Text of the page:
New infection control standard 2013?

  1. 0
    Hi folks. Im taking my nclex rn this 2013'.
    Anyone know what equipments should I use if:

    Contact

    Droplet

    Airborne

    Enteric

    Standard

    Thanks.
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  3. 4 Comments so far...

  4. 0
    Based upon your education/experience, what do YOU think should be used? Start with what are standard precautions and build from there.
  5. 0
    Standard - hand wash
    Contact ~ hand wash , gloves, gown
    Droplet -h wash, mask, gloves
    Airborne ~ h.wash, negative pressure room, n95 mask, gloves
    enteric - gloves, then goggles if there's splash our secretions.

    Please correct me if I mention them wrong or I missed something. I'm having an argument wit my study partner saying there's an update regarding the precautions and she said that there's "mask" on contact. I'm getting confused. :/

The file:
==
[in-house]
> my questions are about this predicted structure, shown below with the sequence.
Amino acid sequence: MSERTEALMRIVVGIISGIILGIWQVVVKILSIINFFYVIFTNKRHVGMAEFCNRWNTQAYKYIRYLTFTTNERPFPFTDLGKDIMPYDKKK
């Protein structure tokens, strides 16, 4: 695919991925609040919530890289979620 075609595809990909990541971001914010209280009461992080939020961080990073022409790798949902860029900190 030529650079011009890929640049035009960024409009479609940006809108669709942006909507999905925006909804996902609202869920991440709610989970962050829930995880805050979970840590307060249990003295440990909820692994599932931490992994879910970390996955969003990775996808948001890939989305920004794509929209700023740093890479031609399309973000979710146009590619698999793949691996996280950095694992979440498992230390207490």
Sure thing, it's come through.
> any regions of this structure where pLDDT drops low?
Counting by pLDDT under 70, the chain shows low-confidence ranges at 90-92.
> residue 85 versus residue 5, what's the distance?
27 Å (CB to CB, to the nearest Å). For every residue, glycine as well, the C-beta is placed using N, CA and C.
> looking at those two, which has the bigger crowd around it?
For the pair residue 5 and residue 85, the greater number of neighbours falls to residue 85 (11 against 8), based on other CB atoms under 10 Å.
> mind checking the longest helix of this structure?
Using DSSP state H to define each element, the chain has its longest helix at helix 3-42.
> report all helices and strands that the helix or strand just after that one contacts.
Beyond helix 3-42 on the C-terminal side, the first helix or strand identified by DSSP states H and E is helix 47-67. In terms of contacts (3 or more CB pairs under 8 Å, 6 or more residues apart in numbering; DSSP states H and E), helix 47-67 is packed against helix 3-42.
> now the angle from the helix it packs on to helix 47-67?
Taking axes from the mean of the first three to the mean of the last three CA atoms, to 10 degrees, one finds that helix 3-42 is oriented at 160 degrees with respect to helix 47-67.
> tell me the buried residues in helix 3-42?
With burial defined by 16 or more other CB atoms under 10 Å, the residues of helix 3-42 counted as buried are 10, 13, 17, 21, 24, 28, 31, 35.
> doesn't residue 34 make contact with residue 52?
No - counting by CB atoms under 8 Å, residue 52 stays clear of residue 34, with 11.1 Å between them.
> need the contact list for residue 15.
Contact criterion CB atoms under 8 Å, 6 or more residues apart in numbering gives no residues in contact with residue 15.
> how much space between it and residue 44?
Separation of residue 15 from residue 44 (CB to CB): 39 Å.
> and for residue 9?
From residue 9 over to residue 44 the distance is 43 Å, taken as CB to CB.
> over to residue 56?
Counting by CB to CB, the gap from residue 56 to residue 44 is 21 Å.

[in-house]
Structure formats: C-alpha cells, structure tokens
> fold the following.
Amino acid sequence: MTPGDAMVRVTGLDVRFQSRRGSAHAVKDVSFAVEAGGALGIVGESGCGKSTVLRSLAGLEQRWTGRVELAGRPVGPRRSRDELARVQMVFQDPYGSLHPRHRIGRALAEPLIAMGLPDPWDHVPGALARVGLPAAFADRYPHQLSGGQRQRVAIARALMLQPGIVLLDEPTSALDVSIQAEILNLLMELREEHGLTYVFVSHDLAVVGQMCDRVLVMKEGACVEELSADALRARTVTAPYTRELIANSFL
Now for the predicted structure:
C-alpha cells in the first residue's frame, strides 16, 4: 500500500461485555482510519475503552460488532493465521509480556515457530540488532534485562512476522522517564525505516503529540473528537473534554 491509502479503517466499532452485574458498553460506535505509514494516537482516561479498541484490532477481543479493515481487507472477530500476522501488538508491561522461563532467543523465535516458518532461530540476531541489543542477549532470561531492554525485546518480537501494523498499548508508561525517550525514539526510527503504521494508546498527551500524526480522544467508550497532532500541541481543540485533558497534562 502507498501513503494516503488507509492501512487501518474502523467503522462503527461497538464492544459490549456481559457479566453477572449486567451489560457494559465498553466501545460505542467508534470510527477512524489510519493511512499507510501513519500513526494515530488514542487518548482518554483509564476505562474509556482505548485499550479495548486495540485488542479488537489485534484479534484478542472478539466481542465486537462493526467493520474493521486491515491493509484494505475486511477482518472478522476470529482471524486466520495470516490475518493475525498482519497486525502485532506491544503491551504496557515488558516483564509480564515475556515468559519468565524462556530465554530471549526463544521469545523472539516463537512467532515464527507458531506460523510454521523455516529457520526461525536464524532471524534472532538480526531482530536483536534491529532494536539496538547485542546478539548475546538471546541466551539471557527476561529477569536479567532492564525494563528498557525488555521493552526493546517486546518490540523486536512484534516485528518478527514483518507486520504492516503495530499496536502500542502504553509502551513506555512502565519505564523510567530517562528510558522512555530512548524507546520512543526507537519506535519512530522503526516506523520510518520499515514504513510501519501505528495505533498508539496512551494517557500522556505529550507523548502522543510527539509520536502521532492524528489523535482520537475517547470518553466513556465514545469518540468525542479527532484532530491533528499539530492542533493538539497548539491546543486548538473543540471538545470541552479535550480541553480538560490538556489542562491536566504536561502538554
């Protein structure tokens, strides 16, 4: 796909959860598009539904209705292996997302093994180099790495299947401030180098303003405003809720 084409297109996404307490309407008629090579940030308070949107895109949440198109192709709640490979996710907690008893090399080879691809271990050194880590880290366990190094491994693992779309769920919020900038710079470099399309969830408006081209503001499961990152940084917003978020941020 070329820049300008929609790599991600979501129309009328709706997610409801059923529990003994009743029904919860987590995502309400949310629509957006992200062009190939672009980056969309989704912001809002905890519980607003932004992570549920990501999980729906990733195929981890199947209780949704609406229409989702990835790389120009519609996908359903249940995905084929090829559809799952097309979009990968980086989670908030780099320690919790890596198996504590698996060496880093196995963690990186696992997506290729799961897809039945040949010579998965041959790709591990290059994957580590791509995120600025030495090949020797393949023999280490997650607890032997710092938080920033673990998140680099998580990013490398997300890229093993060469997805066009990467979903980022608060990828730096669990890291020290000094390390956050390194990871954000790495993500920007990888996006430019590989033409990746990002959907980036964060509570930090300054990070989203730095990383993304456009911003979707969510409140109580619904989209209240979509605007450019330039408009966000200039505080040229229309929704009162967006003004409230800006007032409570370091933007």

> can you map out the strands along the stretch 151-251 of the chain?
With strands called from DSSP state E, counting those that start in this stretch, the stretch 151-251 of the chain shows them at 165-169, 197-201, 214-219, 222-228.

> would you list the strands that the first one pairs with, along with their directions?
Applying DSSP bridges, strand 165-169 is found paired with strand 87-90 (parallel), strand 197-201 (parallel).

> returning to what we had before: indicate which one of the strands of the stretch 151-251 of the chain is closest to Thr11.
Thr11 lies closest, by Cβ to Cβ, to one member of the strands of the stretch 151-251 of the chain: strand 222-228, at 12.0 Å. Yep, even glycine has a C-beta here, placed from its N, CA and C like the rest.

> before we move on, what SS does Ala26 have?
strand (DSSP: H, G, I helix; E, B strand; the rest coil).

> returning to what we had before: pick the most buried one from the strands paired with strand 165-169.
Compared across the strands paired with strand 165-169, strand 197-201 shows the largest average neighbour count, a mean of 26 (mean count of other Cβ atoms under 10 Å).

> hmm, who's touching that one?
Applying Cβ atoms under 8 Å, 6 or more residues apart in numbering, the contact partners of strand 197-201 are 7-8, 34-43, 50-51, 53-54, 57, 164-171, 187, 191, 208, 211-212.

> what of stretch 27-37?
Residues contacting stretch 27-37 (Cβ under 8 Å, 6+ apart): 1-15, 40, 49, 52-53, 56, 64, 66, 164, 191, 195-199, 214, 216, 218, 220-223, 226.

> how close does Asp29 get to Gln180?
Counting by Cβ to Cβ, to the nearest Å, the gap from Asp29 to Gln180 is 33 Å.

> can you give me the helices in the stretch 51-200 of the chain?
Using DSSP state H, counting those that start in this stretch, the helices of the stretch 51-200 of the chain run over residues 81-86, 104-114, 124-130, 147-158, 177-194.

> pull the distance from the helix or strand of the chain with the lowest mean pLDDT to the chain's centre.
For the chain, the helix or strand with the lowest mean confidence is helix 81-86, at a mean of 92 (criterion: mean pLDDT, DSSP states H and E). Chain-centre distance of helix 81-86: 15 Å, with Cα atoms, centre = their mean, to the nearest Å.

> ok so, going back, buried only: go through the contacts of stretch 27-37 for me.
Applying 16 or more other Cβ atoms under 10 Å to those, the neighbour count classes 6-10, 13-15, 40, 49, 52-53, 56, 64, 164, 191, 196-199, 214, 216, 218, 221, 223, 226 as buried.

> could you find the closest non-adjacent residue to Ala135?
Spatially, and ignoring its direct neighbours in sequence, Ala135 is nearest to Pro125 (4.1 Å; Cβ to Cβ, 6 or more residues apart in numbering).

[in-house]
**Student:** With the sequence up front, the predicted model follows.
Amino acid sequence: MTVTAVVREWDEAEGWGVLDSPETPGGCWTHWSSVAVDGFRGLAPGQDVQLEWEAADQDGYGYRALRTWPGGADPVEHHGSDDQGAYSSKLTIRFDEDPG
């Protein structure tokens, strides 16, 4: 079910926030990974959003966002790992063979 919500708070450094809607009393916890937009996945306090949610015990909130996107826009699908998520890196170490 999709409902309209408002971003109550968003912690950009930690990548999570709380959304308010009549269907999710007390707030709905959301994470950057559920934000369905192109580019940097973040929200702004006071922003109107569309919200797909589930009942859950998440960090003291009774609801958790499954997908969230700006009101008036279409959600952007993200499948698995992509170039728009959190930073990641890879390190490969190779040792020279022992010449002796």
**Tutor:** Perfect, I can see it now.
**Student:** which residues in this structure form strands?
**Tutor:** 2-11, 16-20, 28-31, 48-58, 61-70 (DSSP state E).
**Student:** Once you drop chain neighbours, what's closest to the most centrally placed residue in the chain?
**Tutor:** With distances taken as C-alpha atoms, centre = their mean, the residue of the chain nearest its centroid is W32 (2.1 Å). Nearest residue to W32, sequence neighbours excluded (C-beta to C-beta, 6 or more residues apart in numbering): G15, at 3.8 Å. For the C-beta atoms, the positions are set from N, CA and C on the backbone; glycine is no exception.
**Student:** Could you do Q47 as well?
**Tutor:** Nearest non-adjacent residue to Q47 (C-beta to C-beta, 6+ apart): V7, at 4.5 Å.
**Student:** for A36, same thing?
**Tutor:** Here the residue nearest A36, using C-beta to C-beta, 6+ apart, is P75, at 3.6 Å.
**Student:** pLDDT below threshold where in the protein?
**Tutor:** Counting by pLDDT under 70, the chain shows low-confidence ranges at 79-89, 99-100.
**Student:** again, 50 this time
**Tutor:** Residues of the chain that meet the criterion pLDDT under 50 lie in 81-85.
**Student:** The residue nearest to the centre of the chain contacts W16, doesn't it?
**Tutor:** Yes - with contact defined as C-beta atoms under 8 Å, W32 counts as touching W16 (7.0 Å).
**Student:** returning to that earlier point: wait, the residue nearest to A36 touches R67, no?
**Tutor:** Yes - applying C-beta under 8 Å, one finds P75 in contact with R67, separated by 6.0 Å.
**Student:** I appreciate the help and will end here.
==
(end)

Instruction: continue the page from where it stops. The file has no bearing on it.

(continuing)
Appreciate your reply guys. Thanks.
  6. 0
    Standard precautions used to be called universal so it is more than hand wash to start.

    This is the CDC definition of standard precautions:


    Standard Precautions are the minimum infection prevention practices that apply to all patient care, regardless of suspected or confirmed infection status of the patient, in any setting where healthcare is delivered. These practices are designed to both protect HCP and prevent HCP from spreading infections among patients. Standard Precautions include: 1) hand hygiene, 2) use of personal protective equipment (e.g., gloves, gowns, masks), 3) safe injection practices, 4) safe handling of potentially contaminated equipment or surfaces in the patient environment, and 5) respiratory hygiene/cough etiquette

    More details here:

    http://www.cdc.gov/HAI/settings/outp...ecautions.html
    Last edit by JustBeachyNurse on Apr 7, '13
  7. 0
    For standard precautions from the CDC: "Standard Precautions include: 1) hand hygiene, 2) use of personal protective equipment (e.g., gloves, gowns, facemasks), depending on the anticipated exposure, 3) respiratory hygiene and cough etiquette, 4) safe injection practices, and 5) safe handling of potentially contaminated equipment or surfaces in the patient environment".

    Source: http://www.cdc.gov/HAI/settings/outp...revention.html


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